updated 1/25/2006 4:35:46 PM ET 2006-01-25T21:35:46

The fate of a vast irrigation project in south-central Arkansas, which foes say threatens the recently rediscovered ivory-billed woodpecker, remained undecided this week after a federal judge recused himself from hearing the case.

U.S. District Judge G. Thomas Eisele disqualified himself and the case was reassigned to Judge Bill Wilson, a clerk in Eisele's Little Rock office said. The next hearing was set for Feb. 6.

Press accounts said that Eisele took himself off the case after discovering that the Audubon Society, to which he had made a donation in the past, had written a brief in support of the plaintiffs in the lawsuit.

Those plaintiffs, the National Wildlife Federation and its Arkansas state affiliate, have long opposed the $319 million Grand Prairie Area Demonstration Project, which the U.S. Army Corps of Engineers says will save tapped-out groundwater aquifers in a 242,000-acre agricultural region.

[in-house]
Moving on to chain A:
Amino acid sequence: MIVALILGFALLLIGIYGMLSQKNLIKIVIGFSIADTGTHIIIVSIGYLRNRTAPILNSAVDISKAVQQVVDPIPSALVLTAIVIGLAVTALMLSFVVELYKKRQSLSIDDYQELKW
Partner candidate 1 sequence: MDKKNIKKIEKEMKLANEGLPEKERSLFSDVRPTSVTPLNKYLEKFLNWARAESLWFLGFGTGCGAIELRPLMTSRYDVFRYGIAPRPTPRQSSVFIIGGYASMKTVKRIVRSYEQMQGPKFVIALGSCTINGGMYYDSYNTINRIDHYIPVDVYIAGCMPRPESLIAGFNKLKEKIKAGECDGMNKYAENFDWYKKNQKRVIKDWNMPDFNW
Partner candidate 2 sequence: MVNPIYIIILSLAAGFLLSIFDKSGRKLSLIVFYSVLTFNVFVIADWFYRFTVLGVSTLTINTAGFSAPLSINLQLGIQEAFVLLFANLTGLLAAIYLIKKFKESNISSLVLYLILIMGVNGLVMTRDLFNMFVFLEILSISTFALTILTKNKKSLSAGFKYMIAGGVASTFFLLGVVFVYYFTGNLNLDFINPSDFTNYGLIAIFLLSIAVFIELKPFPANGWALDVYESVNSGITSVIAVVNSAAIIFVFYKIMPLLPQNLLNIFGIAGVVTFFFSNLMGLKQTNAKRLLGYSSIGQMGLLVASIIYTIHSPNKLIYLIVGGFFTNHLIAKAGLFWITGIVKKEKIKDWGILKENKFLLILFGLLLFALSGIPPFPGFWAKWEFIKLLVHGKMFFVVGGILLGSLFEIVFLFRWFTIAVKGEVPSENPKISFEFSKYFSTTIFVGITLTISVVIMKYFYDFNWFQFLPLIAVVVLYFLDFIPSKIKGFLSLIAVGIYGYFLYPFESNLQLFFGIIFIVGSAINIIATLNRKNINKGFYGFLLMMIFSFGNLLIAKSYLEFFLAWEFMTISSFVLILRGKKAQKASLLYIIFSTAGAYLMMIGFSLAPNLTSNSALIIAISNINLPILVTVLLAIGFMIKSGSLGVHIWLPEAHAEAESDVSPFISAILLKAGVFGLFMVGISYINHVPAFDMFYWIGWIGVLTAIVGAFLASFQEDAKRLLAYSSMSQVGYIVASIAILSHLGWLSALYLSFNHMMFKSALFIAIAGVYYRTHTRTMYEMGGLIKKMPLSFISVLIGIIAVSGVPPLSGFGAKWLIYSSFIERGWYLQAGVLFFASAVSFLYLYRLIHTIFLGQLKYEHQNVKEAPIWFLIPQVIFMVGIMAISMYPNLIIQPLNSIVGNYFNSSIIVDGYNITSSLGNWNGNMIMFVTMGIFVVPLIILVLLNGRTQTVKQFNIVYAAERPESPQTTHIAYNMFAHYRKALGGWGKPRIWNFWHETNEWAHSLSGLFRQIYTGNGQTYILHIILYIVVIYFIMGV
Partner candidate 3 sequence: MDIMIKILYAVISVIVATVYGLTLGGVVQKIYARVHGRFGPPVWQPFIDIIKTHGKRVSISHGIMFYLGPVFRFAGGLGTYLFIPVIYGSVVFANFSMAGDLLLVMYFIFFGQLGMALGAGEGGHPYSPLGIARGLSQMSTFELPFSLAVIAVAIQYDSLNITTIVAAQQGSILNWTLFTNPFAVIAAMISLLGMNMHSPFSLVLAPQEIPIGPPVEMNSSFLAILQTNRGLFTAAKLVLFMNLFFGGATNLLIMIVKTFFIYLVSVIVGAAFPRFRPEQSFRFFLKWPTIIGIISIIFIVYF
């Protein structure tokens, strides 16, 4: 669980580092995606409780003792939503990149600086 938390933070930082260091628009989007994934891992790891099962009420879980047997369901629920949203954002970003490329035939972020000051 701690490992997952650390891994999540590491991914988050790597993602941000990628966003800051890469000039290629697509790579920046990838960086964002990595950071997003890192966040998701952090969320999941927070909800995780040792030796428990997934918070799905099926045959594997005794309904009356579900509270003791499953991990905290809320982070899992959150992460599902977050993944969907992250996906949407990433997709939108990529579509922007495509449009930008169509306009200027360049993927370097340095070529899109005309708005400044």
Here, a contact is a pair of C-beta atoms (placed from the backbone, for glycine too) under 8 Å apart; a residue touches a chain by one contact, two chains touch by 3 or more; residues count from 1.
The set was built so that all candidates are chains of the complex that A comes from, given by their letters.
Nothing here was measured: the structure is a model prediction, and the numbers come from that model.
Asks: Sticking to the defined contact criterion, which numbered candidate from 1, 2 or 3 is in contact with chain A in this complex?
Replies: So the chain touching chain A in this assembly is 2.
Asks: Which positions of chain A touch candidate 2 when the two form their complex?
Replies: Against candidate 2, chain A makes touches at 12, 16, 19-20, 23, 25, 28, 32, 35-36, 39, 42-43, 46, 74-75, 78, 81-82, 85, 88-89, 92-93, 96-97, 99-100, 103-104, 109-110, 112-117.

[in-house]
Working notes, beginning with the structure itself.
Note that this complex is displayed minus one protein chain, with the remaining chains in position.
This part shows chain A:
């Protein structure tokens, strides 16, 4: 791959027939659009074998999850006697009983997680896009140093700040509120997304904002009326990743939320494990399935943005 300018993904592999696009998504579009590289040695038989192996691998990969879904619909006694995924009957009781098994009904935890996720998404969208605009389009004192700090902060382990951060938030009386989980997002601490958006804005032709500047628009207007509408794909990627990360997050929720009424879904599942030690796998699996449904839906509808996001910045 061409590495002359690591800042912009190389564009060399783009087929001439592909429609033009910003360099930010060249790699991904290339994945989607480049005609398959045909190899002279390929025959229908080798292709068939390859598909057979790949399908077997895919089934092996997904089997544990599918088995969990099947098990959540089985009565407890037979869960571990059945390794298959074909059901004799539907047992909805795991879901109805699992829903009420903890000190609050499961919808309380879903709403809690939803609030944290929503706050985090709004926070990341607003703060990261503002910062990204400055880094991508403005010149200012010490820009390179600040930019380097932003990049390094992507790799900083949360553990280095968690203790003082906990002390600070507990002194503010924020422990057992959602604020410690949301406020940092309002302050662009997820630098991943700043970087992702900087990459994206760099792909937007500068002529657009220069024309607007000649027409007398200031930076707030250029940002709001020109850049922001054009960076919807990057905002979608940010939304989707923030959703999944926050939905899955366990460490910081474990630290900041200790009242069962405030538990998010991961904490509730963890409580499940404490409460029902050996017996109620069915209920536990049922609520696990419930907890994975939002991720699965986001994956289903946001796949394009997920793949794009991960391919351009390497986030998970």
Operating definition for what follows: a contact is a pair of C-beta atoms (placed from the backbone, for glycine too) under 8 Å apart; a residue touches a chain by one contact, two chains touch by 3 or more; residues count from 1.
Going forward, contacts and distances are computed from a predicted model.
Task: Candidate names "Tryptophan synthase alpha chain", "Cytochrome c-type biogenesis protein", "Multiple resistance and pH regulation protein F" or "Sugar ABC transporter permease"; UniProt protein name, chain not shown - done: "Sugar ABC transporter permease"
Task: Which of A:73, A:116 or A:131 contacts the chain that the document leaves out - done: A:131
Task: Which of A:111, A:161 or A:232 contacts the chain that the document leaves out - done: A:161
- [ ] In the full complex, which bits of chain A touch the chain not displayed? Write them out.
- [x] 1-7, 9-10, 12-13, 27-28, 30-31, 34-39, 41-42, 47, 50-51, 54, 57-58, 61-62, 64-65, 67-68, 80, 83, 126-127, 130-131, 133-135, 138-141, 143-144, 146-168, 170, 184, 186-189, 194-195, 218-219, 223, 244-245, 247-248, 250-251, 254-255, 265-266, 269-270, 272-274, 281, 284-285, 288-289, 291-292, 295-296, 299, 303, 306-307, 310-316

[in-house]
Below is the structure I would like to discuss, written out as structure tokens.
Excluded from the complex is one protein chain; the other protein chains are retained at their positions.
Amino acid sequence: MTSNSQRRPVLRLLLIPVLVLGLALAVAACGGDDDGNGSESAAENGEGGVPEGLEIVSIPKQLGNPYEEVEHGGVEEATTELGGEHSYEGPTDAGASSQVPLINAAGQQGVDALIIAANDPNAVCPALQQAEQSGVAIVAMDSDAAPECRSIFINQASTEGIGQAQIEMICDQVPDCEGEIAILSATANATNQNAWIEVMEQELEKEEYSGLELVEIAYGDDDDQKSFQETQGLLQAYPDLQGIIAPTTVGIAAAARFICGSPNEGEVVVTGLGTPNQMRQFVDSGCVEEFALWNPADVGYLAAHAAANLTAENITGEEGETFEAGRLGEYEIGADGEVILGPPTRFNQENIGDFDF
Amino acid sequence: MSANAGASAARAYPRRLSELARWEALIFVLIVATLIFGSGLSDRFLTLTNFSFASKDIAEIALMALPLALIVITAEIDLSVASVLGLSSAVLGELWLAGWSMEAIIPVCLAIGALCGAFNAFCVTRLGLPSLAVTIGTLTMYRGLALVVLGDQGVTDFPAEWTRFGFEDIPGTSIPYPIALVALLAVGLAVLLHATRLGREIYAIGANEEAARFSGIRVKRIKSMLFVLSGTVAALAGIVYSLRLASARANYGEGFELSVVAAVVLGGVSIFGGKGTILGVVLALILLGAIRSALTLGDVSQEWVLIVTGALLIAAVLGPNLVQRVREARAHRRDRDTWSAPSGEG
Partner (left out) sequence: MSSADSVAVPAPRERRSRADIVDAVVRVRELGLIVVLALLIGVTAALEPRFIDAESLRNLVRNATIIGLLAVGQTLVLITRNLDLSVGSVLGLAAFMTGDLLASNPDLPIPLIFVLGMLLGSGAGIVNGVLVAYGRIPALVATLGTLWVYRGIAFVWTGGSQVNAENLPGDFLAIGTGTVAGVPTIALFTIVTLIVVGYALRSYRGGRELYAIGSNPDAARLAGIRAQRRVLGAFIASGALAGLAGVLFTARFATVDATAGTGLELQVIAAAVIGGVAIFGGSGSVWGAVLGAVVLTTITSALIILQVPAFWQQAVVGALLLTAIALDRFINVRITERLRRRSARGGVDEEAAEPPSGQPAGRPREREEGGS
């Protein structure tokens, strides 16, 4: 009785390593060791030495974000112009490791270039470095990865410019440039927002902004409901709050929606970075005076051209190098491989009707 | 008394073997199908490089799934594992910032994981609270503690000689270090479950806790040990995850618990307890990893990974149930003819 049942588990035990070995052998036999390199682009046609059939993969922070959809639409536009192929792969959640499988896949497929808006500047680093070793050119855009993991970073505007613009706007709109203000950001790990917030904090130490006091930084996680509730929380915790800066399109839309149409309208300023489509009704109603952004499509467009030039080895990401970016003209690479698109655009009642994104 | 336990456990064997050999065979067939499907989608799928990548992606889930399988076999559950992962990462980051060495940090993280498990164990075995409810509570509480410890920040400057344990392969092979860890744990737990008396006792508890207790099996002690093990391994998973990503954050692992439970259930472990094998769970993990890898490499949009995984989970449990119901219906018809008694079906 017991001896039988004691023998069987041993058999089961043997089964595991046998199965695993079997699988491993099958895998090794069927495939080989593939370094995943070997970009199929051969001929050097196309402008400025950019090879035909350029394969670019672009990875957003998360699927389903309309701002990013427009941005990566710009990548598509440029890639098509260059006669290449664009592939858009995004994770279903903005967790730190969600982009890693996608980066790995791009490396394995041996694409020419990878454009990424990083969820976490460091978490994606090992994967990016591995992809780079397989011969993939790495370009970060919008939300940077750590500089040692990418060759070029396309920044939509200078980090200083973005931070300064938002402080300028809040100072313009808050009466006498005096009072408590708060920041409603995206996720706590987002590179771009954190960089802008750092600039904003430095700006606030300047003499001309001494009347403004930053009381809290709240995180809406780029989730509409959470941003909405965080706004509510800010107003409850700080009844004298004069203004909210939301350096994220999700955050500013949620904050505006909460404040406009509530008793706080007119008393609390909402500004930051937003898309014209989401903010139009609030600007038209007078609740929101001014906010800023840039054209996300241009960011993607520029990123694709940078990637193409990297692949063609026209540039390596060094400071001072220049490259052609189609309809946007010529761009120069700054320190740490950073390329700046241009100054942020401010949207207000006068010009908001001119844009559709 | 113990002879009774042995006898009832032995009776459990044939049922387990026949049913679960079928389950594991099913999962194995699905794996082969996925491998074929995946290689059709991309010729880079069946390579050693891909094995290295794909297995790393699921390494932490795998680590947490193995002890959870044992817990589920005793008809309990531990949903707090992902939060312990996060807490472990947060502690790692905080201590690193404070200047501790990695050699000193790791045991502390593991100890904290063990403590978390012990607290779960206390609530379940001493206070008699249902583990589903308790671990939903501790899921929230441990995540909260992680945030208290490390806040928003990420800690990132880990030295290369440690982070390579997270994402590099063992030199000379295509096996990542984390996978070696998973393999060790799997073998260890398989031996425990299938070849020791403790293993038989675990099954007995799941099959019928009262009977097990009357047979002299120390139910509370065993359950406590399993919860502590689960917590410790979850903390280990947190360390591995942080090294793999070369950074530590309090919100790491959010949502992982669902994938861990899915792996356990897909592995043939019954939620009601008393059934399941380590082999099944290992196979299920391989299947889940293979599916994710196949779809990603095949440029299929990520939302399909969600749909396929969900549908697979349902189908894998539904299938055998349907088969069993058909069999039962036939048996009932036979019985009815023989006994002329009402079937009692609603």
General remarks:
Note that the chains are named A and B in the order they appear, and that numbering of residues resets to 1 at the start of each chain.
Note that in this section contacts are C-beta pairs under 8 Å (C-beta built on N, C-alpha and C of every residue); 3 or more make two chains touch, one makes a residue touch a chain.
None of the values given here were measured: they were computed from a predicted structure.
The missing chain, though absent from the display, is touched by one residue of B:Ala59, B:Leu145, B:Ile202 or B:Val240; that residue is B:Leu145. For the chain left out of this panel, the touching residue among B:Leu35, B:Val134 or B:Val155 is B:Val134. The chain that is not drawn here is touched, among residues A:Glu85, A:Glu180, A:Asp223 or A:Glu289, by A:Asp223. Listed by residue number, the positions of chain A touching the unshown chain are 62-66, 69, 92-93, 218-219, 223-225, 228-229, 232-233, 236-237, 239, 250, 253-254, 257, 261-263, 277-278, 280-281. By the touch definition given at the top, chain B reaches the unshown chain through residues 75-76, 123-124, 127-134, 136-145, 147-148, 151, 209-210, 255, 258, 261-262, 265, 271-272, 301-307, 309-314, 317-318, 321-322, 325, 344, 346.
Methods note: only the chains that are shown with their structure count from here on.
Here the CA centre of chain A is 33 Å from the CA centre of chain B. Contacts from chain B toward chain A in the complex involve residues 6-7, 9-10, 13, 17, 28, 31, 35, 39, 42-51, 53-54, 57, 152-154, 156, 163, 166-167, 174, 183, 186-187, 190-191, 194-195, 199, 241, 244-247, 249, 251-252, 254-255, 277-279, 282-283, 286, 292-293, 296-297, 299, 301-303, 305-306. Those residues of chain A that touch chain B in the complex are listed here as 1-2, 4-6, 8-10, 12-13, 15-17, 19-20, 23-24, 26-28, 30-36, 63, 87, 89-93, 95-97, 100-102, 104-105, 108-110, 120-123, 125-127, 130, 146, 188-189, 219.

The current lawsuit claims that the corps has not done adequate environmental studies in light of last year's sightings of the ivory-billed woodpecker, long thought to be extinct, in the area. The plaintiffs want work halted on a Grand Prairie pumping station while the project's potential effects on the bird are studied.

Corps biologists and officials maintain that existing environmental studies and ongoing monitoring are adequate for now to ensure the safety of any ivory-bills in the project area.

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